03 September 2007

Victory at last in Lebanon!

Beirut- Lebanese soldiers are searching the north coast for remnants of an Islamist militant group a day after it was routed from a Palestinian refugee camp. The army crushed Fatah al-Islam resistance.

Nahr al-Bared Battle Ended Sunday in a Lebanese victory after the army took full control of Fatah al-Islam's last hideouts in the besieged refugee camp, who have been at war with the Lebanese Army for the past three months.

Troops around the camp fired celebratory shots at around 4:00 pm (1330 GMT) to signal their joy at the end of the deadly standoff that has pitted the army against terrorist Fatah al-Islam fighters.

"The shots you are hearing are celebratory shots, the camp has fallen," the officer said.

Residents near the camp meanwhile waved Lebanese flags and chanted as convoys of cars honked their horns.

Lebanese citizens fired their guns in jubilation, while others waved the Lebanese flags and chanted as convoys of cars honked their horns.

In a statement, the army said that "the militants of Fatah al-Islam attacked army positions in a desperate attempt to flee Nahr al-Bared camp".

The militants reportedly attacked at least two checkpoints outside the camp. It was not immediately known if any of the militants had managed to escape.

The army has cordoned off the area and blocked the main road leading to Syria. Helicopters have been called in to search the area.

Last week Lebanese security officials said they believed that only about 30 Fatah al-Islam fighters remained in the camp, though other reports put the number slightly higher.

Nahr al-Bared was once home to about 30,000 people, but most of the refugees have fled the violence.

Meanwhile, Lebanese troops were still clearing the camp of mines and explosives, but there were no more clashes with Fatah al-Islam, an army spokesman said.

The standoff between the army and the militants began on May 20 and has left more than 220 people dead, including 158 soldiers. Three of the troops were killed on Sunday.

Bags containing the bodies of killed Fatah al-Islam militants lie at a hospital in Tripoli city near the Nahr al-Bared refugee camp in north Lebanon.

At least 20 Islamist militants were killed in a battle with the Lebanese army on Sunday when the fighters tried to flee.-(AP, Reuters, yalibnan)

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Lebanon Time-Line

Introducing Lebanon

Coolly combining the ancient with the ultramodern, Lebanon is one of the most captivating countries in the Middle East. From the Phoenician findings of Tyre (Sour) and Roman Baalbek's tremendous temple to Beirut's BO18 and Bernard Khoury's modern movement, the span of Lebanon's history leaves many visitors spinning. Tripoli (Trablous) is considered to have the best souk in the country and is famous for its Mamluk architecture. It's well equipped with a taste of modernity as well; Jounieh, formerly a sleepy fishing village, is a town alive with nightclubs and glitz on summer weekends.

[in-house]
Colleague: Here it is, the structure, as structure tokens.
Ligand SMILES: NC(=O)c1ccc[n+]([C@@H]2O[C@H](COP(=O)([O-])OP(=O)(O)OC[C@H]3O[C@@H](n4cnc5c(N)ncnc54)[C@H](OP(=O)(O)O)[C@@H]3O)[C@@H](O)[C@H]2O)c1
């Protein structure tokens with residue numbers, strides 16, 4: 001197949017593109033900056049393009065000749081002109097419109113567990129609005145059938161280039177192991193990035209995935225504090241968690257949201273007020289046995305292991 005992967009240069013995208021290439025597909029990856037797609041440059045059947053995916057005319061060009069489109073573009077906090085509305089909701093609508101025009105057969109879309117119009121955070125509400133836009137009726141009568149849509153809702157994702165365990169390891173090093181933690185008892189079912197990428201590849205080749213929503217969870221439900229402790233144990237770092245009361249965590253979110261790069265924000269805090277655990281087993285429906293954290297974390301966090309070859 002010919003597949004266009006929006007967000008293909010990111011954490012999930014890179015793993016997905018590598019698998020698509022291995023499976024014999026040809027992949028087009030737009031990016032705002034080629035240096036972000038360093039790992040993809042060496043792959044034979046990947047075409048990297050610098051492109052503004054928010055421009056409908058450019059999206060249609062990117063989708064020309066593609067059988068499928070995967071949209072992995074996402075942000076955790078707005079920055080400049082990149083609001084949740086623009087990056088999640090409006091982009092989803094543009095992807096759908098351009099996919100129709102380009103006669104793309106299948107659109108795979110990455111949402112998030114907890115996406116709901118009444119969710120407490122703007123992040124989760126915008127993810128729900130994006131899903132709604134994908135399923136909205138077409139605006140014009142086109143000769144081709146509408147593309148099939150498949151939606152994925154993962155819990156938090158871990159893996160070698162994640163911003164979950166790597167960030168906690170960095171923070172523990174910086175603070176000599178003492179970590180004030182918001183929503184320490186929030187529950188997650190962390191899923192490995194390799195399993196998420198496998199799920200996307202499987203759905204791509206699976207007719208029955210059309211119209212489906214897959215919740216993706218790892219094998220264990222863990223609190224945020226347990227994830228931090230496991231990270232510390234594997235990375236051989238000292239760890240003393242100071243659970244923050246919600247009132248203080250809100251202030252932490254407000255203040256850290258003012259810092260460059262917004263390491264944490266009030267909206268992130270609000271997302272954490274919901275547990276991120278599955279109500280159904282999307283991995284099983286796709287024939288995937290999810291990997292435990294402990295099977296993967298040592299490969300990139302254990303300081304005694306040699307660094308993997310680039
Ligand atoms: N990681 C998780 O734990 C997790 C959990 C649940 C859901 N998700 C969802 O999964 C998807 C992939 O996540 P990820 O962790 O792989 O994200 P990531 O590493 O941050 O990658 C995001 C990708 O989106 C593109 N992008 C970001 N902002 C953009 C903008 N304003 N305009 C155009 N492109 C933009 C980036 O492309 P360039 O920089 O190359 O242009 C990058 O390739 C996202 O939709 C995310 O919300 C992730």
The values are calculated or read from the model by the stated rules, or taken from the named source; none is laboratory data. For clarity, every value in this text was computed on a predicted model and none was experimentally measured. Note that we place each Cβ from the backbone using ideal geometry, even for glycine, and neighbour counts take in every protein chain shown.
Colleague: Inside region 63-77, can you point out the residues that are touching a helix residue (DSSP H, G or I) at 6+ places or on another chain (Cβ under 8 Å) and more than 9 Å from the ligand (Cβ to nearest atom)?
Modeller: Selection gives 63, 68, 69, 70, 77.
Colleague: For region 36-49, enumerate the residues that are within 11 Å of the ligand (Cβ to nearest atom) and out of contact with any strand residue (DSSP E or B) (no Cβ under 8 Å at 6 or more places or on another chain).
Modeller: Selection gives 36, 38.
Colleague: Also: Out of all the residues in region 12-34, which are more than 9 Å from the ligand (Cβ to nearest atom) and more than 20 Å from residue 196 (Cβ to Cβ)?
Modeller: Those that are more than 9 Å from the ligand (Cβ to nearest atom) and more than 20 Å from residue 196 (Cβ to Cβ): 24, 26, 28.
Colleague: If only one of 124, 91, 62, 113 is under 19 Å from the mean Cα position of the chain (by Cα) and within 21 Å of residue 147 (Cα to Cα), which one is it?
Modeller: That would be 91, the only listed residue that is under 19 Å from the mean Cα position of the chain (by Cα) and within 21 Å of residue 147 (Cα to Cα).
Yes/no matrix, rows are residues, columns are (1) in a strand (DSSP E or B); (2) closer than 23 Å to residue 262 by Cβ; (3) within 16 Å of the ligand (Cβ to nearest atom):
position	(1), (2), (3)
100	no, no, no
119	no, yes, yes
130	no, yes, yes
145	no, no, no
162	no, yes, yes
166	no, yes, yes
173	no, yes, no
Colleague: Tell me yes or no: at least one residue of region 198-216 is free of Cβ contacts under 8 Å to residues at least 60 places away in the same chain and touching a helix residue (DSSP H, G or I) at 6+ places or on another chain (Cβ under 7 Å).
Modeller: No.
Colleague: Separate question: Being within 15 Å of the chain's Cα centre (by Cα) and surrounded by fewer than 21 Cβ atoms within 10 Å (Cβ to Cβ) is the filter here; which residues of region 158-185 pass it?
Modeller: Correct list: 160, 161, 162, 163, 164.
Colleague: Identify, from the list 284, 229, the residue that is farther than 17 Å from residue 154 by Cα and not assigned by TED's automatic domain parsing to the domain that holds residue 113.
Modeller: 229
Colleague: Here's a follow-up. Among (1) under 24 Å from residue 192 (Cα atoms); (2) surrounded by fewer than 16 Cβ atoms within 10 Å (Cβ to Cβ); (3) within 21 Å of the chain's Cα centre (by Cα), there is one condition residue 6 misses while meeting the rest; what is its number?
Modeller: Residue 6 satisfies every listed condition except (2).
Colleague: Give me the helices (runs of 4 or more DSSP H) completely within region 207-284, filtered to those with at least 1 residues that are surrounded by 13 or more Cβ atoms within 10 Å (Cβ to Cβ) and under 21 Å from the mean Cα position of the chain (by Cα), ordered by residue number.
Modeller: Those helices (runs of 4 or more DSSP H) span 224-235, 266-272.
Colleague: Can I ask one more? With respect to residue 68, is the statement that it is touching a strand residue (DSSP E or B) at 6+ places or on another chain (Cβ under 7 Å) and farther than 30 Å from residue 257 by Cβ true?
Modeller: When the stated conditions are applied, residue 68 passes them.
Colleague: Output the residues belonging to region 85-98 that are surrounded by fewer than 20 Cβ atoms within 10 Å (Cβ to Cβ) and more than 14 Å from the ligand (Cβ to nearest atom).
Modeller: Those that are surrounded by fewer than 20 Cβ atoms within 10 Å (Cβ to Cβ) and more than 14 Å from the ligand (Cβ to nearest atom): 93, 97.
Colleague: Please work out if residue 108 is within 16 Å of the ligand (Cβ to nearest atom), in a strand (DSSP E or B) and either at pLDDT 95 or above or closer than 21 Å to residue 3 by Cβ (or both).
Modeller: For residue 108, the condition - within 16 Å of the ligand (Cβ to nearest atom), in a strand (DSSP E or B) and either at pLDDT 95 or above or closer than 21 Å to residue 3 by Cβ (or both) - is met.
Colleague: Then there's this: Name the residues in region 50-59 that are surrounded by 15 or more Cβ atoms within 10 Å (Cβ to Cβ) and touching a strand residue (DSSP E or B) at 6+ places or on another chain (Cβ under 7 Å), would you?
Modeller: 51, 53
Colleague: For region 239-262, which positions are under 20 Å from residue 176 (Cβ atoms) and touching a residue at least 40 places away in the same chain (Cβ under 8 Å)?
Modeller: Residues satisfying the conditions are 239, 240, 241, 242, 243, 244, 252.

With all of the Middle East's best bits - warm and welcoming people, mind-blowing history and considerable culture, Lebanon is also the antithesis of many people's imaginings of the Middle East: mostly mountainous with skiing to boot, it's also laid-back, liberal and fun. While Beirut is fast becoming the region's party place, Lebanon is working hard to recapture its crown as the 'Paris of the Orient'.

The rejuvenation of the Beirut Central District is one of the largest, most ambitious urban redevelopment projects ever undertaken. Travellers will find the excitement surrounding this and other developments and designs palpable - and very infectious.

Finally, Lebanon's cuisine is considered the richest of the region. From hummus to hommard (lobster), you'll dine like a king. With legendary sights, hospitality, food and nightlife, what more could a traveller want?

Introducing Beirut

What Beirut is depends entirely on where you are. If you’re gazing at the beautifully reconstructed colonial relics and mosques of central Beirut’s Downtown, the city is a triumph of rejuvenation over disaster.

If you’re in the young, vibrant neighbourhoods of Gemmayzeh or Achrafiye, Beirut is about living for the moment: partying, eating and drinking as if there’s no tomorrow. If you’re standing in the shadow of buildings still peppered with bullet holes, or walking the Green Line with an elderly resident, it’s a city of bitter memories and a dark past. If you’re with Beirut’s Armenians, Beirut is about salvation; if you’re with its handful of Jews, it’s about hiding your true identity. Here you’ll find the freest gay scene in the Arab Middle East, yet homosexuality is still illegal. If you’re in one of Beirut’s southern refugee camps, Beirut is about sorrow and displacement; other southern districts are considered a base for paramilitary operations and south Beirut is home to infamous Hezbollah secretary general, Hassan Nasrallah. For some, it’s a city of fear; for others, freedom.

Throw in maniacal drivers, air pollution from old, smoking Mercedes taxis, world-class universities, bars to rival Soho and coffee thicker than mud, political demonstrations, and swimming pools awash with more silicone than Miami. Add people so friendly you’ll swear it can’t be true, a political situation existing on a knife-edge, internationally renowned museums and gallery openings that continue in the face of explosions, assassinations and power cuts, and you’ll find that you’ve never experienced a capital city quite so alive and kicking – despite its frequent volatility.